Subcategory (RNA class) for H2AFZ Gene
Aliases for H2AFZ Gene
External Ids for H2AFZ Gene
Previous HGNC Symbols for H2AFZ Gene
Previous GeneCards Identifiers for H2AFZ Gene
Histones are basic nuclear proteins that are responsible for the nucleosome structure of the chromosomal fiber in eukaryotes. Nucleosomes consist of approximately 146 bp of DNA wrapped around a histone octamer composed of pairs of each of the four core histones (H2A, H2B, H3, and H4). The chromatin fiber is further compacted through the interaction of a linker histone, H1, with the DNA between the nucleosomes to form higher order chromatin structures. This gene encodes a replication-independent member of the histone H2A family that is distinct from other members of the family. Studies in mice have shown that this particular histone is required for embryonic development and indicate that lack of functional histone H2A leads to embryonic lethality. [provided by RefSeq, Jul 2008]
GeneCards Summary for H2AFZ Gene
H2AFZ (H2A Histone Family Member Z) is a Protein Coding gene, and is affiliated with the lncRNA class. Diseases associated with H2AFZ include Testicular Spermatocytic Seminoma and Testis Seminoma. Among its related pathways are Activated PKN1 stimulates transcription of AR (androgen receptor) regulated genes KLK2 and KLK3 and Cell Cycle, Mitotic. GO annotations related to this gene include protein heterodimerization activity and RNA polymerase II distal enhancer sequence-specific DNA binding. An important paralog of this gene is H2AFV.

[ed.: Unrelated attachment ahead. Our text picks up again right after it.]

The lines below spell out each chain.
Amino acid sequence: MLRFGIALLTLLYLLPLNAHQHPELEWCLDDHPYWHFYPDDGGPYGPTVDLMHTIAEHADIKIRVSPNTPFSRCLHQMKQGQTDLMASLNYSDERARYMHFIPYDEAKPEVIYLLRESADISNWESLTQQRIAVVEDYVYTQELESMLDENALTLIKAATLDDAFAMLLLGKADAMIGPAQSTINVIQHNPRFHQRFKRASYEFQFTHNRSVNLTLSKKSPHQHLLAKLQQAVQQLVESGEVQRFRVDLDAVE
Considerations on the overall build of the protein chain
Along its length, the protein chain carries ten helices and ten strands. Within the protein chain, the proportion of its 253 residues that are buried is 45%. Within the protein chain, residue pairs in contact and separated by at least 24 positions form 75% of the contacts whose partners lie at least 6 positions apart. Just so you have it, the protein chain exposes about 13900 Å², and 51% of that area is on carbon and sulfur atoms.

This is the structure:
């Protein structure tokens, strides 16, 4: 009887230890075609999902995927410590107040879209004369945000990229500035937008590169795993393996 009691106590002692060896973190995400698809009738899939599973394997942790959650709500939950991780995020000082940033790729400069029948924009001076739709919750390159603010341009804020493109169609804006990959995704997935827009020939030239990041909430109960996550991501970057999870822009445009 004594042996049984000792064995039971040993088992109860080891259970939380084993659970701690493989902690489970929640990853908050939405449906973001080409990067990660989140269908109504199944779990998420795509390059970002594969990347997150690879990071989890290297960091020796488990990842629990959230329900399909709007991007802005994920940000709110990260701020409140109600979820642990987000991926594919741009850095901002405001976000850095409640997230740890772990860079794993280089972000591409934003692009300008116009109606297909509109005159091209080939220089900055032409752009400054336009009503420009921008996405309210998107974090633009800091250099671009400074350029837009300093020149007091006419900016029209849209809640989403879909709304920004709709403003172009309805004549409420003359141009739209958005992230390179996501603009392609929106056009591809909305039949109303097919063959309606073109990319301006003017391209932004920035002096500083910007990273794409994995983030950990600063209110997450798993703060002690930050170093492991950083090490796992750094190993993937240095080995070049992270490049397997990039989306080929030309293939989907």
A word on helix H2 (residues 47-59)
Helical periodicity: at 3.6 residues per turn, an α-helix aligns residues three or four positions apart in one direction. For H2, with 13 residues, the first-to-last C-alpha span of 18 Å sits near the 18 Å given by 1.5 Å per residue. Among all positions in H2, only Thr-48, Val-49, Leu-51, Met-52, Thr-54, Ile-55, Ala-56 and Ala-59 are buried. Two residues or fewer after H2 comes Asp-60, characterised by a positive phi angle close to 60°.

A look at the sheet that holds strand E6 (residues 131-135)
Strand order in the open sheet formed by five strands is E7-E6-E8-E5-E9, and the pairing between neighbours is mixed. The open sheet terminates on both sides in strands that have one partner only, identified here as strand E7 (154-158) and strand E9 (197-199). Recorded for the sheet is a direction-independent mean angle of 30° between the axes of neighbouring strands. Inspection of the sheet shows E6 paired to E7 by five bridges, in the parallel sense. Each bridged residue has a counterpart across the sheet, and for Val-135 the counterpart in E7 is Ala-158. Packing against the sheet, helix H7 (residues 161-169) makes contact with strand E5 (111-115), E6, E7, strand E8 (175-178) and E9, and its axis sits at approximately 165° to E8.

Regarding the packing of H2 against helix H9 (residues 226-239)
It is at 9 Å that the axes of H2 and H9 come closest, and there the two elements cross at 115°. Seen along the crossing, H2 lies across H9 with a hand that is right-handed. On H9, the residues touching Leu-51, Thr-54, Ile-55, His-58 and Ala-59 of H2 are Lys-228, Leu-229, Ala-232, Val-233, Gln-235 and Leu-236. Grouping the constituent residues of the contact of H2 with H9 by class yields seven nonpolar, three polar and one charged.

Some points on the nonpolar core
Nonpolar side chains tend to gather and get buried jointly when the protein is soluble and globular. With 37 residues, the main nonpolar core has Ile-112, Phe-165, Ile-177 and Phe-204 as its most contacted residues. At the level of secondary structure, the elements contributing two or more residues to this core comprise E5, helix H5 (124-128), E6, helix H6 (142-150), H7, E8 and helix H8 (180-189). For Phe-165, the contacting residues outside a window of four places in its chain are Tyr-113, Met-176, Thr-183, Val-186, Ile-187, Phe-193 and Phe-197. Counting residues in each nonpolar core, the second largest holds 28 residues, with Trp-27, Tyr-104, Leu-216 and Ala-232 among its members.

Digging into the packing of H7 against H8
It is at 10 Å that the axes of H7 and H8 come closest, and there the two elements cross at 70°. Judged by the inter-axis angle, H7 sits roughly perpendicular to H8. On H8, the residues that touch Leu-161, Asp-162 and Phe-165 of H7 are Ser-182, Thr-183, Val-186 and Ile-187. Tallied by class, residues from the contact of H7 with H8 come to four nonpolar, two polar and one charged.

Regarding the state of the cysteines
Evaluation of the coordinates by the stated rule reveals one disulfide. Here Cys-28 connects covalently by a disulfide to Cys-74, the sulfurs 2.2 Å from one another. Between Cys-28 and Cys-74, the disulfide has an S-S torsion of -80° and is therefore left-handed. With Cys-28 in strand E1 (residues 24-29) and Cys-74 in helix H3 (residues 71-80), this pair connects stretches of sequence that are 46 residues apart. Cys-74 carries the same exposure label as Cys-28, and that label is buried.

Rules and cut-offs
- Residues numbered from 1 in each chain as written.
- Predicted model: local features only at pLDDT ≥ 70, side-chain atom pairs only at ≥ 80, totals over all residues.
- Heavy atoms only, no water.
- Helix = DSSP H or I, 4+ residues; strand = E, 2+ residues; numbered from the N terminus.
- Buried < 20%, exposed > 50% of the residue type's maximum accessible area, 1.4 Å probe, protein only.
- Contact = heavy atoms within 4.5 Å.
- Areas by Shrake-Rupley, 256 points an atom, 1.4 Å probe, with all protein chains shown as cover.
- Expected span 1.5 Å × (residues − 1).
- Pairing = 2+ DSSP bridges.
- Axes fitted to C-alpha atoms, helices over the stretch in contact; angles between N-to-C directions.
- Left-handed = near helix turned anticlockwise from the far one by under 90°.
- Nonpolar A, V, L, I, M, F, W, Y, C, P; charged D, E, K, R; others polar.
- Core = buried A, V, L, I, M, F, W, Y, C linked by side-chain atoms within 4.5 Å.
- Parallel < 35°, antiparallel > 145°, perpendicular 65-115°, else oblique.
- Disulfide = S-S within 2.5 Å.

UniProtKB/Swiss-Prot for H2AFZ Gene
Variant histone H2A which replaces conventional H2A in a subset of nucleosomes. Nucleosomes wrap and compact DNA into chromatin, limiting DNA accessibility to the cellular machineries which require DNA as a template. Histones thereby play a central role in transcription regulation, DNA repair, DNA replication and chromosomal stability. DNA accessibility is regulated via a complex set of post-translational modifications of histones, also called histone code, and nucleosome remodeling. May be involved in the formation of constitutive heterochromatin. May be required for chromosome segregation during cell division.